Why I Disagree With All Five Points of Calvinism

By Dr. Curtis Hutson


IV. Irresistible Grace

The fourth point of Calvinism is irresistible grace. By irresistible grace, John Calvin meant that God simply forces people to be saved. God elected some to be saved, and he let Jesus Christ die for that elect group. And now by irresistible grace, He forces those He elected, and those Jesus Christ died for to be saved.

The truth of the matter is, there is no such thing as irresistible grace. Nowhere in the Bible does the word "irresistible" appear before the word "grace". That terminology is simply not in the Bible. It is the philosophy of John Calvin, not a Bible doctrine. The word "irresistible" doesn't even sound right in front of the word "grace."

Grace means "God's unmerited favour." Somebody said G-R-A-C-E- God's riches at Christ's expense. Grace is an attitude, not a power. If Calvin had talked about the irresistible drawing power of God, it would have made more sense. But instead, he represents grace as the irresistible act of God compelling a man to be saved who does not want to be saved, so that a man has no choice in the matter at all, except as God forcibly puts a choice in his mind. Calvinism teaches that man has no part in salvation, and cannot possibly co-operate with God in the matter. In no sense of the word and at no stage of the work does salvation depend upon the will or work of man or wait for the determination of his will.

Does the Bible say anything about irresistible grace? Absolutely not! The Scriptures show that men do resist and reject God. Proverbs 29:1 states, "He, that being often reproved hardeneth his neck, shall suddenly be destroyed, and that without remedy." Notice the word "often" in this verse. If God only gave one opportunity to be saved, then man could not complain. But here the Bible says, "He, that being often reproved.. . " This means the man was reproved over and over again. Not only was he reproved many times, but he was reproved often. But the Bible says he "hardeneth his neck" and "shall suddenly be destroyed, and that without remedy." That certainly doesn't sound like irresistible grace. The Bible teaches that a man can be reproved over and over again, and that he can harden his neck against God, and as a result will be destroyed without remedy.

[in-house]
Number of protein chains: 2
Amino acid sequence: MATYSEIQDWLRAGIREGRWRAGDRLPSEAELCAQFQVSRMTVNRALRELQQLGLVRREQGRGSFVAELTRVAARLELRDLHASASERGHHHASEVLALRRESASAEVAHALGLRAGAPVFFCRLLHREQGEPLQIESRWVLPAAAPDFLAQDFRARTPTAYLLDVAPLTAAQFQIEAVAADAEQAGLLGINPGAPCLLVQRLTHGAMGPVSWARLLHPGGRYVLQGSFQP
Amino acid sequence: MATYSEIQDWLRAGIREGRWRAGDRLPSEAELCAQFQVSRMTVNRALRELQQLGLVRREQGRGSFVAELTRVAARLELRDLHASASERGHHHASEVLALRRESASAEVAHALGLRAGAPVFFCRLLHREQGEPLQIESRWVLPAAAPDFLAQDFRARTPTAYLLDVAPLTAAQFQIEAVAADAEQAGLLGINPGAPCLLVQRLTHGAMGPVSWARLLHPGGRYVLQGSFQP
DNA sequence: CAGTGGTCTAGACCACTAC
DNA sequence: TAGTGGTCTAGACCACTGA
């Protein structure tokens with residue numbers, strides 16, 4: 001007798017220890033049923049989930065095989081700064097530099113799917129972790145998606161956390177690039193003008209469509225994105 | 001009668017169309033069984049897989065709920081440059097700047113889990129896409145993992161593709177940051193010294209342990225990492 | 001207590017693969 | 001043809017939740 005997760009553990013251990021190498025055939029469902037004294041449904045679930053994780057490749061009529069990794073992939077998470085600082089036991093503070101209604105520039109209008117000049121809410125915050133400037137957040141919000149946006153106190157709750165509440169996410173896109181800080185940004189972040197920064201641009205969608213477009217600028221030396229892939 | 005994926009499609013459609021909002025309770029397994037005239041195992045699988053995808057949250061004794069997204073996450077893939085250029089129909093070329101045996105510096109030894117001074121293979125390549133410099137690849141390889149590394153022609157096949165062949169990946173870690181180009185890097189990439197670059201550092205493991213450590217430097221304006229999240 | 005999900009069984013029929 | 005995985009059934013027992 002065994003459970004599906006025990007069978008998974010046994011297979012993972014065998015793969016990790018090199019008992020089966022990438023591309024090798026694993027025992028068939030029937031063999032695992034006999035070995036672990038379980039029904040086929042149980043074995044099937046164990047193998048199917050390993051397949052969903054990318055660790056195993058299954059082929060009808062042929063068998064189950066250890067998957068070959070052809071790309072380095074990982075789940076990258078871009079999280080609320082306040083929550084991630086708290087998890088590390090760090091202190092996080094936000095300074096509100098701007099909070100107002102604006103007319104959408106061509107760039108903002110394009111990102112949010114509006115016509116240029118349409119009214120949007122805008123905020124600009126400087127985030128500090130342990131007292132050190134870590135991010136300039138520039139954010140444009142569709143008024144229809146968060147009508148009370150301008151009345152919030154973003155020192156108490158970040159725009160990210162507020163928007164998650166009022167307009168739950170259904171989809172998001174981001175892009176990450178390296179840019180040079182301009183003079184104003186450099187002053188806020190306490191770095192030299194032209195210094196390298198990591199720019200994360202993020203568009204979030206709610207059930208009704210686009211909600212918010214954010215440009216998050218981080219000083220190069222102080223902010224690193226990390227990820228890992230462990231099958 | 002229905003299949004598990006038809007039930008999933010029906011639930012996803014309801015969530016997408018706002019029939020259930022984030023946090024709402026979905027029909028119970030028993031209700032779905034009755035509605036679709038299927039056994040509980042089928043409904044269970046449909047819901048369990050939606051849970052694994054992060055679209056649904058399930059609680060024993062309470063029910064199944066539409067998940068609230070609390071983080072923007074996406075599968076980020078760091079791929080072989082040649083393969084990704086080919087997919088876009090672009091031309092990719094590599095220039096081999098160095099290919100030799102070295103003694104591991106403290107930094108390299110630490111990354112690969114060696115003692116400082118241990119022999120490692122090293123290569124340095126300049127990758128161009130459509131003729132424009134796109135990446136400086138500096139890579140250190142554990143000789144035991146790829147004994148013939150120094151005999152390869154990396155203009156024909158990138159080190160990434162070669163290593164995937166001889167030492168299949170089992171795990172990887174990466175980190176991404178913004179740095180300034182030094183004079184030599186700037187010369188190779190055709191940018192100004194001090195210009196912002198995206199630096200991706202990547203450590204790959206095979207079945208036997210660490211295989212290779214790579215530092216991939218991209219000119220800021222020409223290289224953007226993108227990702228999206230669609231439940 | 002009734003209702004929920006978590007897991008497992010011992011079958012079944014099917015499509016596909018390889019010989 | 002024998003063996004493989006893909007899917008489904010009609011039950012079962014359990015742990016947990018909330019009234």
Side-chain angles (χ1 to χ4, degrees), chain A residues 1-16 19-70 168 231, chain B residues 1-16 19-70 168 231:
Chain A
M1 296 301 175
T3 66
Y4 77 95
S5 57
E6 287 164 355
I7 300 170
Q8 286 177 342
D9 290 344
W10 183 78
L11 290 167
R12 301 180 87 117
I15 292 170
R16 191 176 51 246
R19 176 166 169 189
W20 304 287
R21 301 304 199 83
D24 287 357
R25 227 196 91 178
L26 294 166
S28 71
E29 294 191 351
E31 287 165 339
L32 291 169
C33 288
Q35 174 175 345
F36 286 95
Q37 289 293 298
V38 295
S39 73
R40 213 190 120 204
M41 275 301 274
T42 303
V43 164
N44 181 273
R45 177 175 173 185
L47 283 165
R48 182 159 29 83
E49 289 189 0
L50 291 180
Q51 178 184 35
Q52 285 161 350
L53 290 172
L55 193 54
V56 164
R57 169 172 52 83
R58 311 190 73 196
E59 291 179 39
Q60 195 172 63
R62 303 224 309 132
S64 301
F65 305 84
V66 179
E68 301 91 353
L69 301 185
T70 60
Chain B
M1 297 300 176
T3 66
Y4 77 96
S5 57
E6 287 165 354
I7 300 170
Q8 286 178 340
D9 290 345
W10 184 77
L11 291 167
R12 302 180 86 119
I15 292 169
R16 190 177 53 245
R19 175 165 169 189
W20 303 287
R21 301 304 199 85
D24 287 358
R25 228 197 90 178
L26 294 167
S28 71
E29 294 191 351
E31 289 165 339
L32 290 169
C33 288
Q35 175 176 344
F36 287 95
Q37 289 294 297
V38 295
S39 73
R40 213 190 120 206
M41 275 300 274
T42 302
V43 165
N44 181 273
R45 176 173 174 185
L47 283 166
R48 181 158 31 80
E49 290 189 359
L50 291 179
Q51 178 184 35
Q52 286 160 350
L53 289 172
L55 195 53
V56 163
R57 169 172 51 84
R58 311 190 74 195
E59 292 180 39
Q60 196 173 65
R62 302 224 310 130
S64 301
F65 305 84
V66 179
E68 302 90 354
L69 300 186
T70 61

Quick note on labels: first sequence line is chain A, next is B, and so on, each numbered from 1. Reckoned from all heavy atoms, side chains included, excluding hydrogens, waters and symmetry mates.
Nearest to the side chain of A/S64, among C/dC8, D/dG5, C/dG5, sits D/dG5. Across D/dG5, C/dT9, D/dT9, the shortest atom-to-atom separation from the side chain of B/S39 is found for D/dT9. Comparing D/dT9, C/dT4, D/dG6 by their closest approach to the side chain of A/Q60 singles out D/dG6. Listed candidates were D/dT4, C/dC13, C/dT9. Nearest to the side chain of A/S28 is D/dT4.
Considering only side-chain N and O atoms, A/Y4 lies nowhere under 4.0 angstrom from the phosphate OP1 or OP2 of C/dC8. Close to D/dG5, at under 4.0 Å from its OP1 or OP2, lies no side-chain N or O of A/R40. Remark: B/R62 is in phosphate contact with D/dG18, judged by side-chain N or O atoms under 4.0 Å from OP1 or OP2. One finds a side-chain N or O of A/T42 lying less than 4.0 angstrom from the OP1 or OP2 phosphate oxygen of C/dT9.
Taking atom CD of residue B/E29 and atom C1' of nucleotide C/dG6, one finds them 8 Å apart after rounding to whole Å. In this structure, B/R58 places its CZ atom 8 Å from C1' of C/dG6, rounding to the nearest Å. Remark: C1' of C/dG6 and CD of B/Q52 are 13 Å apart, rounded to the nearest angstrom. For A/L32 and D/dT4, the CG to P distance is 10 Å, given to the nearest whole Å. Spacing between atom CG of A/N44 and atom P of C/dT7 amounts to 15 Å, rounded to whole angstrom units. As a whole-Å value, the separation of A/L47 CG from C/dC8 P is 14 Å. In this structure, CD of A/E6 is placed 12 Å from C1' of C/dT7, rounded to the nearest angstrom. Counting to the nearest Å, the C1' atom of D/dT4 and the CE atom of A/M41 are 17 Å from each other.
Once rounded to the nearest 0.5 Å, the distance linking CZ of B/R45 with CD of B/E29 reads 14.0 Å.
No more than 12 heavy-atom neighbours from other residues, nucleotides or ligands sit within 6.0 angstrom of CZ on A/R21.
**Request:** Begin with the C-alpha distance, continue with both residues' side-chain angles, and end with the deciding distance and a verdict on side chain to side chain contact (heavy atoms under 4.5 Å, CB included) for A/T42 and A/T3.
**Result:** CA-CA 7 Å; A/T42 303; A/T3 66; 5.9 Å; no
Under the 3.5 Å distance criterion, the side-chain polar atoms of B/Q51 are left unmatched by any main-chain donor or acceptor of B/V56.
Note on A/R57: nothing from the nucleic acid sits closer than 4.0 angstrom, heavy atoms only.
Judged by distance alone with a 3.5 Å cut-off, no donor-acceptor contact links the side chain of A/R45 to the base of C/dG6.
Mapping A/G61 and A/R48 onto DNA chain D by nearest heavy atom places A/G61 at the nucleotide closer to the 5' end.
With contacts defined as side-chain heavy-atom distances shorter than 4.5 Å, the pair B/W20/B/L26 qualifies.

Again Proverbs 1:24-26 says,
"Because I have called, and ye refused; I have stretched out my hand, and no man regarded; But ye have set at nought all my counsel, and would none of my reproof: I also will laugh at your calamity; I will mock when your fear cometh."

Here the Bible plainly says, "I have called, and ye have refused; I have stretched out my hand, and no man regarded; But ye have set at nought all my counsel, and would none of my reproof." That doesn't sound like irresistible grace. God calls, and men refuse. Is that irresistible? God stretches out his hand and no man regards it? Is that irresistible grace? No. The Bible makes it plain that some men do reject Christ, that they refuse His call. John 5:40 says, "Ye will not come to me, that ye may have life." That verse plainly teaches that men can and do resist God and refuse to come to Him.

In Acts chapter 7, we find Stephen preaching. He says in verse 51, "Ye stiff-necked and uncircumcised in heart and ears, ye do always resist the Holy Ghost: as your fathers did, so do ye." To these Jewish leaders, Stephen said, "Ye do always resist the Holy Ghost."

So here were people; some of whom had seen Jesus and heard Him preach; others who had heard Peter at Pentecost; others who had heard Stephen and other Spirit-filled men preaching with great power. And what had they done? They were stiff-necked and uncircumcised in heart and ears. That is ,they were stubborn and rebellious against God. The Bible plainly says, "They resisted the Holy Ghost."

Notice the words of Stephen in verse 51, "Ye do always resist the Holy Ghost: as your fathers did, so do ye." Here the Bible teaches that not only were these Jewish leaders resisting the Holy Ghost, but that their fathers before them had also resisted the Holy Spirit. Stephen says that all the way from Abraham, through the history of the Jewish nation, down to the time of Christ, unconverted Jews had resisted the Holy Spirit.

There is absolutely no such thing as a "can't-help-it-religion." God doesn't just force men to be saved with His so-called irresistible grace.

God offers salvation to all men. Titus 1:11 says, "For the grace of God that bringeth salvation hath appeared to all men." But man must make his own choice. He must either receive or reject Christ . John 1:12 says. "But as many as received him , to them gave he power to become the sons of God, even to them that believe on his name."

When Jesus wept over Jerusalem, he said, "O Jerusalem, Jerusalem, thou that killest the prophets, and stonest them which are sent unto thee, ho often would I have gathered thy children together, even as a hen gathereth her chickens under her wings, and ye would not!" Here again the Bible clearly indicates that God would have gathered them together as a hen gathers her chickens, but they would not. That certainly shows that they could reject and resist Christ.

"I would, but ye would not" does not fit the teaching of irresistible grace. So people do resist the Holy Ghost. They do refuse to come to Christ. They do harden their necks. They do refuse when God calls.

That means that those who are not saved could have been saved. Those who have rejected Christ could have accepted Him. God offers salvation to those who will have it, but does not enforce it upon anyone who doesn't want it.

End of Chapter Four


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